Key Federal Reserve indicator suggests U.S. is already in recession territory

Economy shrank by 1% in June, Fed of Atlanta says.
The New York Stock Exchange, June 23

A key economic indicator from the Federal Reserve suggests that the United States officially entered recession territory last month after months of crushing inflation, supply chain crises and economic turmoil. 

The Federal Reserve Bank of Atlanta's GDPNow forecasting tool said on Friday that "real GDP growth (seasonally adjusted annual rate) in the second quarter of 2022 is -1.0 percent on June 30, down from 0.3 percent on June 27."

Economists broadly define a recession as a contraction in economic activity, though different experts have different benchmarks for what constitutes a recession per se. 

Economics analyst Jeff Cox wrote at CNBC on Friday that the 1% contraction, "coupled with the first-quarter’s decline of 1.6% ... would fit the technical definition of recession."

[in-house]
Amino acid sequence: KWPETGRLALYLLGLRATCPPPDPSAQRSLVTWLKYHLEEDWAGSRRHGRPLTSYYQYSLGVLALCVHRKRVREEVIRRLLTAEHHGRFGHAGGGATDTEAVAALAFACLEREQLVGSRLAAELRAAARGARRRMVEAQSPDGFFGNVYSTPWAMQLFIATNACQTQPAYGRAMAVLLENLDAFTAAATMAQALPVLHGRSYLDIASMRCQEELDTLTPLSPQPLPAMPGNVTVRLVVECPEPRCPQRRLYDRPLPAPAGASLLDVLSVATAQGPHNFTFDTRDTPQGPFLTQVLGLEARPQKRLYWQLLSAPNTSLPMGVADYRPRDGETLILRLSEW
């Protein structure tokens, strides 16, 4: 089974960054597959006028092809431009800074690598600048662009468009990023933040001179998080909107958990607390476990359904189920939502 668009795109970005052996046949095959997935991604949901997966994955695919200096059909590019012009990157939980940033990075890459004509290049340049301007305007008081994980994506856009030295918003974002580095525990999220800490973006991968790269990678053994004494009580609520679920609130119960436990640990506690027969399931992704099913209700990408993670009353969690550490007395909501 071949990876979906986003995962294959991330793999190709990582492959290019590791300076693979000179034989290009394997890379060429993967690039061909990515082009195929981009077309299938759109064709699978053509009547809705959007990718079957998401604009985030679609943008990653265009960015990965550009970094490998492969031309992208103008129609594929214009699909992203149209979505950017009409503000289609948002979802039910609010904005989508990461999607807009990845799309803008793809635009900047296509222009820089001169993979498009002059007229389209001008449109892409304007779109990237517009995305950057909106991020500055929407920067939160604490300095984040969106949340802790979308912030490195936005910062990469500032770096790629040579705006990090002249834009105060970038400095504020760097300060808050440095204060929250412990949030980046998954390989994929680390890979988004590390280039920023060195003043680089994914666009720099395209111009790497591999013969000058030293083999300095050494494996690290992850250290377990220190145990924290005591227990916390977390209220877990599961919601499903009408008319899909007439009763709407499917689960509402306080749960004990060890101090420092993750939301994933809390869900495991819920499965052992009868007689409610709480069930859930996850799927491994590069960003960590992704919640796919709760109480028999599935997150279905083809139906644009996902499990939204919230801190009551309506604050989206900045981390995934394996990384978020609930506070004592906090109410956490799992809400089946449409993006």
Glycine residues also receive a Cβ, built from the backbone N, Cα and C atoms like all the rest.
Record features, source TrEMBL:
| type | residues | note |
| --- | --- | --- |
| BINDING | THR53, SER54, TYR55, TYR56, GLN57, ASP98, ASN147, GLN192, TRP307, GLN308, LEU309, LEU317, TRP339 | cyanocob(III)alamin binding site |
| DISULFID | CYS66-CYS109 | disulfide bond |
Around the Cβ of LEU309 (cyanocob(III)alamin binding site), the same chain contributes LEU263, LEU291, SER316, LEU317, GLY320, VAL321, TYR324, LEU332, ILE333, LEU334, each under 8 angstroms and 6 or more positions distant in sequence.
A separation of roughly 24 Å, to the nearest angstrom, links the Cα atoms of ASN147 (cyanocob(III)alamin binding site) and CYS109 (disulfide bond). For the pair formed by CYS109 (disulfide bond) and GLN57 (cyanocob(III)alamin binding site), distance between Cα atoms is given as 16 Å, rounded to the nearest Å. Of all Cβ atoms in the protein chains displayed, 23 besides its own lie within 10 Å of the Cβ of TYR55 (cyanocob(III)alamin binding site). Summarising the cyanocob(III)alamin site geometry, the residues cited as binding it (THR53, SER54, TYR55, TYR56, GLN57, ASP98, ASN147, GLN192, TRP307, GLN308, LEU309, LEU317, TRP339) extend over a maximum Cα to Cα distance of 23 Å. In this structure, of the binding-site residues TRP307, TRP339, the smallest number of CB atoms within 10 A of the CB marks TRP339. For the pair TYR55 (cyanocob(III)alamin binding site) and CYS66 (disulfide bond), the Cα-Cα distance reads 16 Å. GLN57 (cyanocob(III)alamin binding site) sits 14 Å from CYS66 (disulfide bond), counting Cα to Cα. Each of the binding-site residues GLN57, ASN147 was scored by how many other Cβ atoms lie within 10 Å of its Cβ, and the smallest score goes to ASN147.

The Atlanta Fed's GDPNow model offered a more pessimistic outlook for the next quarter following its latest assessment, claiming that "the nowcasts of second-quarter real personal consumption expenditures growth and real gross private domestic investment growth decreased from 2.7 percent and -8.1 percent, respectively, to 1.7 percent and -13.2 percent, respectively."

Experts have been warning of a perfect storm of economic chaos as inflation has wreaked havoc on spending across the economy while Federal Reserve efforts to stave off that inflation have seen interest rates spiking sharply. 

Federal Reserve Chairman Jerome Powell this week promised Americans that the Fed would "succeed in getting inflation down to 2%."

"The process is highly likely to involve some pain," he said during a panel discussion at the European Central Bank, "but the worse pain would be from failing to address this high inflation and allowing it to become persistent."